Trucks Will Pay to Improve Car Commuting Times

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Here is yet another example of the way the trucking industry is treated by the powers that be, on the Logan Motorway trucks will pay to improve car commuting times. This is a good news story, for car drivers and the presenter tells us about all of the improvements in traffic conditions, only to finish off the story by telling us truck tolls will increase to pay for the road improvement. 

Car drivers will continue on their merry way without having to pay anything more. The freight industry has to bear the cost of a road scheme which benefits far more cars than trucks. The issue echoes a similar situation in Melbourne where trucks could be banned from using any other access to the the port other than the new tunnel for which will have to pay the big bucks.

No, road surfaces aren’t exciting, but our reporter is excited. She is excited about high modulus asphalt, and she should be too. The material is a stiffer material for the road surface. However, this doesn’t mean the road surface will be better, it is simply going to be thinner, to save money.

The question the trucking industry would be asking of Transurban and the Queensland Government, is why, if they have a better material, they didn’t use it at the same thickness so that the road surface lasted longer and reduced the need for more road works down the track and the congestion it creates.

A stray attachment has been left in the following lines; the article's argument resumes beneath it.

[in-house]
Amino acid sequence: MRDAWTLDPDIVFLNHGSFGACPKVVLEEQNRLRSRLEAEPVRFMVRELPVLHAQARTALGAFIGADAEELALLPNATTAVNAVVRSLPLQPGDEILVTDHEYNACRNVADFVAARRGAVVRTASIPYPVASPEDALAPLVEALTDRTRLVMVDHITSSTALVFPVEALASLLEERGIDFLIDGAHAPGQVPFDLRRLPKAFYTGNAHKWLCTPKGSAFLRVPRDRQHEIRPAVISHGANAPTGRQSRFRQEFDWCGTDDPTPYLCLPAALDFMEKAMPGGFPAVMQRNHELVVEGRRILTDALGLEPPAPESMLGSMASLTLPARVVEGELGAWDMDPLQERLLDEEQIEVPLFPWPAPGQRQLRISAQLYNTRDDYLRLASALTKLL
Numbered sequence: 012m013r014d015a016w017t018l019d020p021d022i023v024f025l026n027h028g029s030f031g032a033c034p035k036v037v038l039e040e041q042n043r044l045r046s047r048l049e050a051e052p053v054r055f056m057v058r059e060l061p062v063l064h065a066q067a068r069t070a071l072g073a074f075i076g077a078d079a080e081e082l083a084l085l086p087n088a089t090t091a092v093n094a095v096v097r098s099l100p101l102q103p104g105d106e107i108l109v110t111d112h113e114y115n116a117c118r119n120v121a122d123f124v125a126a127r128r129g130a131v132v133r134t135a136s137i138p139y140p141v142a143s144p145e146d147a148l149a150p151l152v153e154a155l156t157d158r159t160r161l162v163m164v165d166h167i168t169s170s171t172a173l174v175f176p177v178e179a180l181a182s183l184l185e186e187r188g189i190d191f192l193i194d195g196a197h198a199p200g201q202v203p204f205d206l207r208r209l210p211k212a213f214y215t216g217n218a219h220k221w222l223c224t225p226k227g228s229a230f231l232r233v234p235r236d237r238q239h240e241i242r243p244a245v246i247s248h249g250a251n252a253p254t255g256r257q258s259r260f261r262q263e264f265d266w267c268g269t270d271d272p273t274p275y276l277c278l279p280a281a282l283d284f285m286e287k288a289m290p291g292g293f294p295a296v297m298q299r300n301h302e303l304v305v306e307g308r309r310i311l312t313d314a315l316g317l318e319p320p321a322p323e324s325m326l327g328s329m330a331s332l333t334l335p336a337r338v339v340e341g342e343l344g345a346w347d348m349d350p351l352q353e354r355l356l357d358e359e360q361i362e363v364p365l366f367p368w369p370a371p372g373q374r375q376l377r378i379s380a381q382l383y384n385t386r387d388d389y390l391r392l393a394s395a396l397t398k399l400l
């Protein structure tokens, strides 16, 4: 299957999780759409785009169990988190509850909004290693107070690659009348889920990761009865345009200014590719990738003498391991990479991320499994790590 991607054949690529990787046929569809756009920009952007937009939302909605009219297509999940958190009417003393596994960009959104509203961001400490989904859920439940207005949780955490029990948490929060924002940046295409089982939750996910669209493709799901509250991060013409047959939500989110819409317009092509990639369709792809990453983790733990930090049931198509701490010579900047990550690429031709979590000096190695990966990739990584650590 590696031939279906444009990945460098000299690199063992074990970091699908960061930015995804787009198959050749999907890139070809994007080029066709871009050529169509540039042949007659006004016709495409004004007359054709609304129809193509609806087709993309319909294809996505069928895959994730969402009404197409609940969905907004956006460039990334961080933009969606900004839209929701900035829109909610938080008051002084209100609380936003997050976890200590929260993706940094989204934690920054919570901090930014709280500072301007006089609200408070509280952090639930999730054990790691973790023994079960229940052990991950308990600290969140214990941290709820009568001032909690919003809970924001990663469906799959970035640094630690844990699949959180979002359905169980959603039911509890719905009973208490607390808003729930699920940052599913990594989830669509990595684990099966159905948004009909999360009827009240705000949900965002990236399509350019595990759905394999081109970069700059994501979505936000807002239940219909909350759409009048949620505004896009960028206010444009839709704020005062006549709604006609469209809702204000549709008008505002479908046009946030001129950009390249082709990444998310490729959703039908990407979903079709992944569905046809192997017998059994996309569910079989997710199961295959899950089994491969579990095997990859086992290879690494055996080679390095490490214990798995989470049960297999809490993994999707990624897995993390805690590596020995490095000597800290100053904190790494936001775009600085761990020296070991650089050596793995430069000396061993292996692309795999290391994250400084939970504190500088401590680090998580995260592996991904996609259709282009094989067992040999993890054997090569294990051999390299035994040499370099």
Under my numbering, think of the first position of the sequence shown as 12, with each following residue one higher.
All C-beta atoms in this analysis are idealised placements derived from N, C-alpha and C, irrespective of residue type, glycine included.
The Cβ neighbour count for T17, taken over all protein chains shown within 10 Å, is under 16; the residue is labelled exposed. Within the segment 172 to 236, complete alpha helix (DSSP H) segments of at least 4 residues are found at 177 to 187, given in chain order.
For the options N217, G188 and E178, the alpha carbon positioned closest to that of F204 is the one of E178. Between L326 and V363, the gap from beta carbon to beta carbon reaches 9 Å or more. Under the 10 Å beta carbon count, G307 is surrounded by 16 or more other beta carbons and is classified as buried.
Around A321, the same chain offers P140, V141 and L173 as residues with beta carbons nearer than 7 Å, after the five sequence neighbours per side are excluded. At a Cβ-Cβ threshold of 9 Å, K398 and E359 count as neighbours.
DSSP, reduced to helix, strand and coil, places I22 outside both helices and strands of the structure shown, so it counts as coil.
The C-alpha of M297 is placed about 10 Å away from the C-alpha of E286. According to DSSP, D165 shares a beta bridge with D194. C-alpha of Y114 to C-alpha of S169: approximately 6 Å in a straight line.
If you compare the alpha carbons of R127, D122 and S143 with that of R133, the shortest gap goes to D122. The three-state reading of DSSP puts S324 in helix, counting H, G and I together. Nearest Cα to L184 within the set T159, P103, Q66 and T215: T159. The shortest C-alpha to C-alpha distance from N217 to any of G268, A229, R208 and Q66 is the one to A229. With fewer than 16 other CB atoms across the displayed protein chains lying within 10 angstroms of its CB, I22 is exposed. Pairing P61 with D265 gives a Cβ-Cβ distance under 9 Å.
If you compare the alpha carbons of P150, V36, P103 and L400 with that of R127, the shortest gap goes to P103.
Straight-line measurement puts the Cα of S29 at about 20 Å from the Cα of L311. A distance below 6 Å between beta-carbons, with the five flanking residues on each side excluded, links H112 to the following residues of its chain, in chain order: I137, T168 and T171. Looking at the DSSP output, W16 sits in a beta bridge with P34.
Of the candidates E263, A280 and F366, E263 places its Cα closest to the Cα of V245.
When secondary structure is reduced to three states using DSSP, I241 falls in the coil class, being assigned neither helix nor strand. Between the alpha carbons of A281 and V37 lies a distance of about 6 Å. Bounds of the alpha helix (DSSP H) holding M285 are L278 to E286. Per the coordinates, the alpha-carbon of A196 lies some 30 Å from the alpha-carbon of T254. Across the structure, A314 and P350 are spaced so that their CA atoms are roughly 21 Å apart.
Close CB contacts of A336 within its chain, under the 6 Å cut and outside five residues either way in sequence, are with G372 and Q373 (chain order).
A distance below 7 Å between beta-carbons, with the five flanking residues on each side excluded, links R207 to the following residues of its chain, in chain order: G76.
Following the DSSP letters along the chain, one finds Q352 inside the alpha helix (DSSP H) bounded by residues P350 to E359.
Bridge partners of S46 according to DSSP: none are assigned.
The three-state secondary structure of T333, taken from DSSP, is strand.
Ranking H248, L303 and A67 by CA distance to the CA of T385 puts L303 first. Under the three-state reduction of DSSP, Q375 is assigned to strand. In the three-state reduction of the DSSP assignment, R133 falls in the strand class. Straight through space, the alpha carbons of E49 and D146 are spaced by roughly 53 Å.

The area around these improvements is the fast-growing freight hub along the Logan corridor. There is plenty of investment here in very large distribution centres with thousands of trucks in and out of the area every day. Those trucks are all going to have to pay higher fees. Are the owners of large DCs like Woolies and Coles going to pass on the increased cost to their customers or are the car drivers of Southern Brisbane going to get another free ride?

Ironically, the area is being hyped up to sell many more new homes in the area, which will simply serve to clog up the new intersections with even more cars.

 

 

 trucks will pay to improve car commuting times